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I've been off my game for a bit - well, five-months to be specific. And as I fall back into the comfort of the fall school and work routine, my subconscious has been slooowly untangling the messy "why" ... or perhaps, "what the f*** just happened?
When looking back on my life thus far, it hasn't fallen into the typical peaks and valleys of the normals. Instead it's more like a tug-of-war with my enemies ranging from my personal demons to life-scuttling a**holes to radical circumstance.
I'm straining and straining against the rope in the futile hope things will get better, shit will stink less, progress will be made, enemies will lose ground. It's in these moments/chapters of my life that I start to fool myself, "Wow, I'm trying hard. I'm sweating. I'm grunting. I'm hurting. I must be making some progress."
Nope. In fact that's typically when I start losing ground, losing momentum, losing myself.
Tug-of-war pro's - yes, they exist - win in steady, rhythmic surges of power. Give a little to recharge, yank hard with your entire body and progress an inch at a time. It's seems slow and incremental to onlookers. You are still sweating, grunting and hurting, but now you are gaining ground.
Here's the deal. I know this already. I should have learned this lesson fifty-times over by now. Hell, my first (and only) time in my life I won first place in any competition was on the Tug of War team, when La Paloma Elementary School destroyed Team Bonsall. I was in the 4th grade.
When I fast forward through all of the lessons imparted to me since then, a few wisdom bombs pop-up in the highlights reel.
1) Re-gaining lost ground is really hard - accept it. When I first started training to pass the USAF Academy's fitness test, push-ups were my biggest weakness. In my junior year of high school I couldn't even do ONE proper push-up. How in the hell do you make incremental gains when you can't even complete one measly rep? In my case, my sets consisted of 1/4, then 1/2, then 3/4 pushup reps. It was ugly and damn embarrassing, but over time I hit my number.
2) Strength is a requirement - grow stronger. In the universally underappreciated film, The 13th Warrior the main character travels from Persia to Norway where he accidentally ends up on a mission to rescue a village being attacked by strange creatures. In one scene, a gigantic viking casually tosses one of his large swords to a young Antonio Banderas, "You'll need this," and nearly knocks him over. He grumpily retorts, "I cannot lift this." The viking sagely replies, "Grow stronger."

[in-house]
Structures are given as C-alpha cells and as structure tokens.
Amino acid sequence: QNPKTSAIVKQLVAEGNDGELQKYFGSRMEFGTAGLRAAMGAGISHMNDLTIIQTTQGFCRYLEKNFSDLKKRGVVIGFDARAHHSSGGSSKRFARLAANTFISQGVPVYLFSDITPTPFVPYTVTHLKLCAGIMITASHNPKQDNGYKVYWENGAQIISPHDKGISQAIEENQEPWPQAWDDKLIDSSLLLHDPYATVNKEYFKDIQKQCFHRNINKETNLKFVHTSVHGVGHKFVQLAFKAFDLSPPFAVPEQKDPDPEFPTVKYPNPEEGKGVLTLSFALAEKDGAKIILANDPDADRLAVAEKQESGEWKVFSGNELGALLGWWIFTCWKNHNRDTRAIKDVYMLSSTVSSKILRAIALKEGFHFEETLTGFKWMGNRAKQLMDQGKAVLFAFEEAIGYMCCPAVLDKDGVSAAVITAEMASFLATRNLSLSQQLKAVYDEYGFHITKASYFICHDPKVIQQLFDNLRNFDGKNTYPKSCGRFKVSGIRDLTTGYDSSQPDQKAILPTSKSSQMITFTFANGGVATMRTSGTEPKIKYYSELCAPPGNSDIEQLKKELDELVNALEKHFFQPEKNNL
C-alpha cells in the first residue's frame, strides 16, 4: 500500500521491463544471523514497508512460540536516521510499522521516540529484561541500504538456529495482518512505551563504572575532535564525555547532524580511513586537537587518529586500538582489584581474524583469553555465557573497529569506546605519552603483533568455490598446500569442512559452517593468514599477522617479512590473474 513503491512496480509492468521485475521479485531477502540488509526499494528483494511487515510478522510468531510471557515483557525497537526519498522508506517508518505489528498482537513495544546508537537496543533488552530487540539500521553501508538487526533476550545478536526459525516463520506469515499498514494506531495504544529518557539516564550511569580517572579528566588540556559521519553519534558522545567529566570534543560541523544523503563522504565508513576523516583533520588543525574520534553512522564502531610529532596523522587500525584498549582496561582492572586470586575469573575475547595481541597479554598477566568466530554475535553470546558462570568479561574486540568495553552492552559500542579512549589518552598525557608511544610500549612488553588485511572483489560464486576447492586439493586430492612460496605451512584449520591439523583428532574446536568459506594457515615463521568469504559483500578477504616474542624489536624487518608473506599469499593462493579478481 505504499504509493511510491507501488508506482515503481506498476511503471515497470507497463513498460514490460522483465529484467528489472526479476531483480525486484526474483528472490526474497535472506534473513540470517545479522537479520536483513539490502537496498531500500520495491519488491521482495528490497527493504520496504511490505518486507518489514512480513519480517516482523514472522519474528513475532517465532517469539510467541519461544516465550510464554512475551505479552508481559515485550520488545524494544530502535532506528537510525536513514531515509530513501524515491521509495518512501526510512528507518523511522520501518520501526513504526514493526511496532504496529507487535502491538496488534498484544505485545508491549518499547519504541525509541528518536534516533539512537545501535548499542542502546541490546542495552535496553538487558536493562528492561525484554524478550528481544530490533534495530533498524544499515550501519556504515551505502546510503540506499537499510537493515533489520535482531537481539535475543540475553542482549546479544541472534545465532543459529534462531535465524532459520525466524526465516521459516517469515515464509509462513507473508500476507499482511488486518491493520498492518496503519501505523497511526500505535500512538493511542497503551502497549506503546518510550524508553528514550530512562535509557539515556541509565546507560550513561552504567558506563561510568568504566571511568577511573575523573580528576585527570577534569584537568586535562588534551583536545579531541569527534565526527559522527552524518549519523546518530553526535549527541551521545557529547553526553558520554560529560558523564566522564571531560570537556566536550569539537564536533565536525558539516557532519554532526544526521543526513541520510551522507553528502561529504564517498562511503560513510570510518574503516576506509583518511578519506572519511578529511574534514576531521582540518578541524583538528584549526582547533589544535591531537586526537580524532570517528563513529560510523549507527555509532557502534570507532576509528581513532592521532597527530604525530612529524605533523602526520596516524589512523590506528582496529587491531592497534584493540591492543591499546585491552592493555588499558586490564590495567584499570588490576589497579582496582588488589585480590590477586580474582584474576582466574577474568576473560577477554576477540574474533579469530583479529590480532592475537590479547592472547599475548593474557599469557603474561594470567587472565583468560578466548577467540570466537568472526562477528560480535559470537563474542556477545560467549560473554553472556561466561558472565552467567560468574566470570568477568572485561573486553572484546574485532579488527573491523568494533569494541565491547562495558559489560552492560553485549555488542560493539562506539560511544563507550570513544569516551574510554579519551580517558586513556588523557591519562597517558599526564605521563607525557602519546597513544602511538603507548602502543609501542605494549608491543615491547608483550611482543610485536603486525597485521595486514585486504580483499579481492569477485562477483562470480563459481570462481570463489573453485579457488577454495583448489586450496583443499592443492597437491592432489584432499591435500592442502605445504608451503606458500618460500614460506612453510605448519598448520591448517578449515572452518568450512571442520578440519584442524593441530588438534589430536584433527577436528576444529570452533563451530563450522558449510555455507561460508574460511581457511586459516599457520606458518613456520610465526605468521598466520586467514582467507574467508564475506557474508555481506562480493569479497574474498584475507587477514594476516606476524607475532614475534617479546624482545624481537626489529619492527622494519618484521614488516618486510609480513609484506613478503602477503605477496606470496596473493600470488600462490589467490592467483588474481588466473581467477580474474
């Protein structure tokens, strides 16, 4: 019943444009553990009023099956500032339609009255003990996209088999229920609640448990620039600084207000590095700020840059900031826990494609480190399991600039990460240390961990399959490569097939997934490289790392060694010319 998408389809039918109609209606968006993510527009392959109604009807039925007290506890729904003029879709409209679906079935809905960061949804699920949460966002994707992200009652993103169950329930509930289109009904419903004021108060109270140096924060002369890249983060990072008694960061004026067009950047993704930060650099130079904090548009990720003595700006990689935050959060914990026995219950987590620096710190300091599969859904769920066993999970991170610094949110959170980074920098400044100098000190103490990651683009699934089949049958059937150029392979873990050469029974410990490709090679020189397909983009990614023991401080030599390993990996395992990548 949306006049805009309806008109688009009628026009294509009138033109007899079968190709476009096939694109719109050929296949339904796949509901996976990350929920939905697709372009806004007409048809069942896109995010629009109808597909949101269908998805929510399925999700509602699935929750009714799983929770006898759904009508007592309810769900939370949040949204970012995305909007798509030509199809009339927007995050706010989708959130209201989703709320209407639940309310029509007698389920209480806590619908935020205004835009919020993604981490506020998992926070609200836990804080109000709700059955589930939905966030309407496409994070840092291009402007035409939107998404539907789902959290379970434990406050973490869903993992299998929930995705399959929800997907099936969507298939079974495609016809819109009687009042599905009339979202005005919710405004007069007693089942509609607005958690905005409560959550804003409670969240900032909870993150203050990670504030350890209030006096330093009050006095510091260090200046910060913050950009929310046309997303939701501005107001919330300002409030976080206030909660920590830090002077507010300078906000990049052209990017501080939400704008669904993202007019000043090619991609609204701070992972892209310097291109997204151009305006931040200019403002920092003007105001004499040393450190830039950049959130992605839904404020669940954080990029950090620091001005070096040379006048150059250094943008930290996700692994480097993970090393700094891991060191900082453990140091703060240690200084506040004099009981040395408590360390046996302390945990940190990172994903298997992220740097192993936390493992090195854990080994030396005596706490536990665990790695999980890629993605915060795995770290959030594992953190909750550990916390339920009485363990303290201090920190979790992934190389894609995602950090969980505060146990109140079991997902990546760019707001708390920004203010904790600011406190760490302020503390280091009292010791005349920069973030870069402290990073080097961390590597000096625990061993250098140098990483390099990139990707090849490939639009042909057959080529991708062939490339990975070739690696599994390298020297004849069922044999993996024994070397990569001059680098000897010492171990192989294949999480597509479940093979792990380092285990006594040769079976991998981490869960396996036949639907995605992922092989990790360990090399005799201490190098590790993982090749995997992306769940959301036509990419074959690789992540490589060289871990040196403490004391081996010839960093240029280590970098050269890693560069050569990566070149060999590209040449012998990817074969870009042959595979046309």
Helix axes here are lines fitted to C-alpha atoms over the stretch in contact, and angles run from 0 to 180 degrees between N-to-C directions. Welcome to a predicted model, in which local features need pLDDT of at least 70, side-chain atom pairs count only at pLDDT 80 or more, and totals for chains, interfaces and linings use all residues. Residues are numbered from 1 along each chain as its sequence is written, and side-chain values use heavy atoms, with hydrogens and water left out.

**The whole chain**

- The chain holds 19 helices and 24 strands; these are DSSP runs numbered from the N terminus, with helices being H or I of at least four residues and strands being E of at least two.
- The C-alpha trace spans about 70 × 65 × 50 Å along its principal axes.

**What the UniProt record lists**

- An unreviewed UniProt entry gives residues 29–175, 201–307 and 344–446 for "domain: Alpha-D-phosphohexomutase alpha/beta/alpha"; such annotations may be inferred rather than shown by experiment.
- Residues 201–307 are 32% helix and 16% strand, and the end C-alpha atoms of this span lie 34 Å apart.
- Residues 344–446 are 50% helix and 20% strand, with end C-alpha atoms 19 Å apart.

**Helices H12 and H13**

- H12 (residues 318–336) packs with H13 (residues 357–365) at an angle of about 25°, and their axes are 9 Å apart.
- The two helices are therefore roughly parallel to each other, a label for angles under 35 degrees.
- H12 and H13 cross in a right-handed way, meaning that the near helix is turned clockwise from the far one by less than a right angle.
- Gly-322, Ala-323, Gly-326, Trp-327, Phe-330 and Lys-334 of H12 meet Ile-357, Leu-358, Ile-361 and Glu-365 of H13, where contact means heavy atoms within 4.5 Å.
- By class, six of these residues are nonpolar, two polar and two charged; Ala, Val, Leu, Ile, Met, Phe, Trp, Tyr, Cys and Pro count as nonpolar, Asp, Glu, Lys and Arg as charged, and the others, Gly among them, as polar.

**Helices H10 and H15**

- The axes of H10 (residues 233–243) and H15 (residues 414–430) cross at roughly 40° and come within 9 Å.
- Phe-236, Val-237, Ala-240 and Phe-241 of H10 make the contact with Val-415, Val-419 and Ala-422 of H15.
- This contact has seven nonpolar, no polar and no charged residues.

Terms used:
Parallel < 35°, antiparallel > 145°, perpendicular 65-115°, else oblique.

3) You cannot do this alone - maintain community. Seems like a no-brainer, but it's really, REALLY easy to slip into the me against the world mindset when life slings shit at you from all directions. You all probably have some friends, family, co-workers, vendors, bosses and/or mentors - hell, even a senile old man down at the nursing home - that could spare an ear. Tough times are the wrong time to cave it up. Not saying dump your effed up life in their laps, but keep the communication lines open.
Okay, okay, enough metaphor for now.
Here's some concrete examples of how I'm executing this cocktail napkin "Master Plan for Getting Nate's Life out of the Crapper" ... and before you say it, I know they are out of order. People make consistently stupid decisions when nearing burn-out, and effing up the ideal order of things has been my premium weakness.
Maintain community - I started reaching out to friends and mentors, just to see how they were doing - and secretly hoping they wouldn't ask me any hard questions that might make me ragey or weepy. Most of 'em could smell the pain on me and reminded me of the advice I had given them in the past. Now, I have a few folks cheering me on from the sidelines, and a couple who have jumped in to help me heave-ho in the tug of war against Nate's pesky demon squad.
Accept it - I wrote it down all that advice as reminders on every single mirror in my house using a bar of soap. And I write it down every day on my favorite lined yellow legal pads. And on the rougher days, I write it on the most relavant bits of my left hand in .7mm blue gel pen. "Expect turbulence" pops up the most often to remind me that my demons ain't gonna let up just because I'm having a bad day. I wipe off some of the idioms with a rag because the advice isn't suitable, but putting wisdom billboards in your house can do no harm.
Grow stronger - one of the pieces of advice I recently received was to listen to an audiobook about integral theory, Kosmic Consciousness by Ken Wilber. My main takeaway: weakness in seemingly unrelated areas of life can trigger injury in areas that you are typically strong. I re-looked at the physical, mental and emotional components of my life. Physically, I'm now working out (nearly) everyday and just joined a Muay Thai kickboxing gym - not too excited about the glittery blue short shorts, but they'll keep me humble when I start getting all swole ;^) Mentally, I've added and diversified my reading/listening habits. A diesel punk thriller, that book on integral theory, and a sales book on closing philosophy are currently in rotation. Emotionally, I opted for a blend of therapy and aggressively turning down the temperature on ancillary relationships that can just wait. Essentially, creating space and time to heal - and hiring a therapist to patch up the rest of the injuries.
I'll keep you posted on my progress on all fronts, interspersed with some recent lessons sourced from the oddest places (like Norse Mythology). Stay tuned.
Humbled, yet still unapologetically human,
- Nate -
Photo Credit: Andrew Jones
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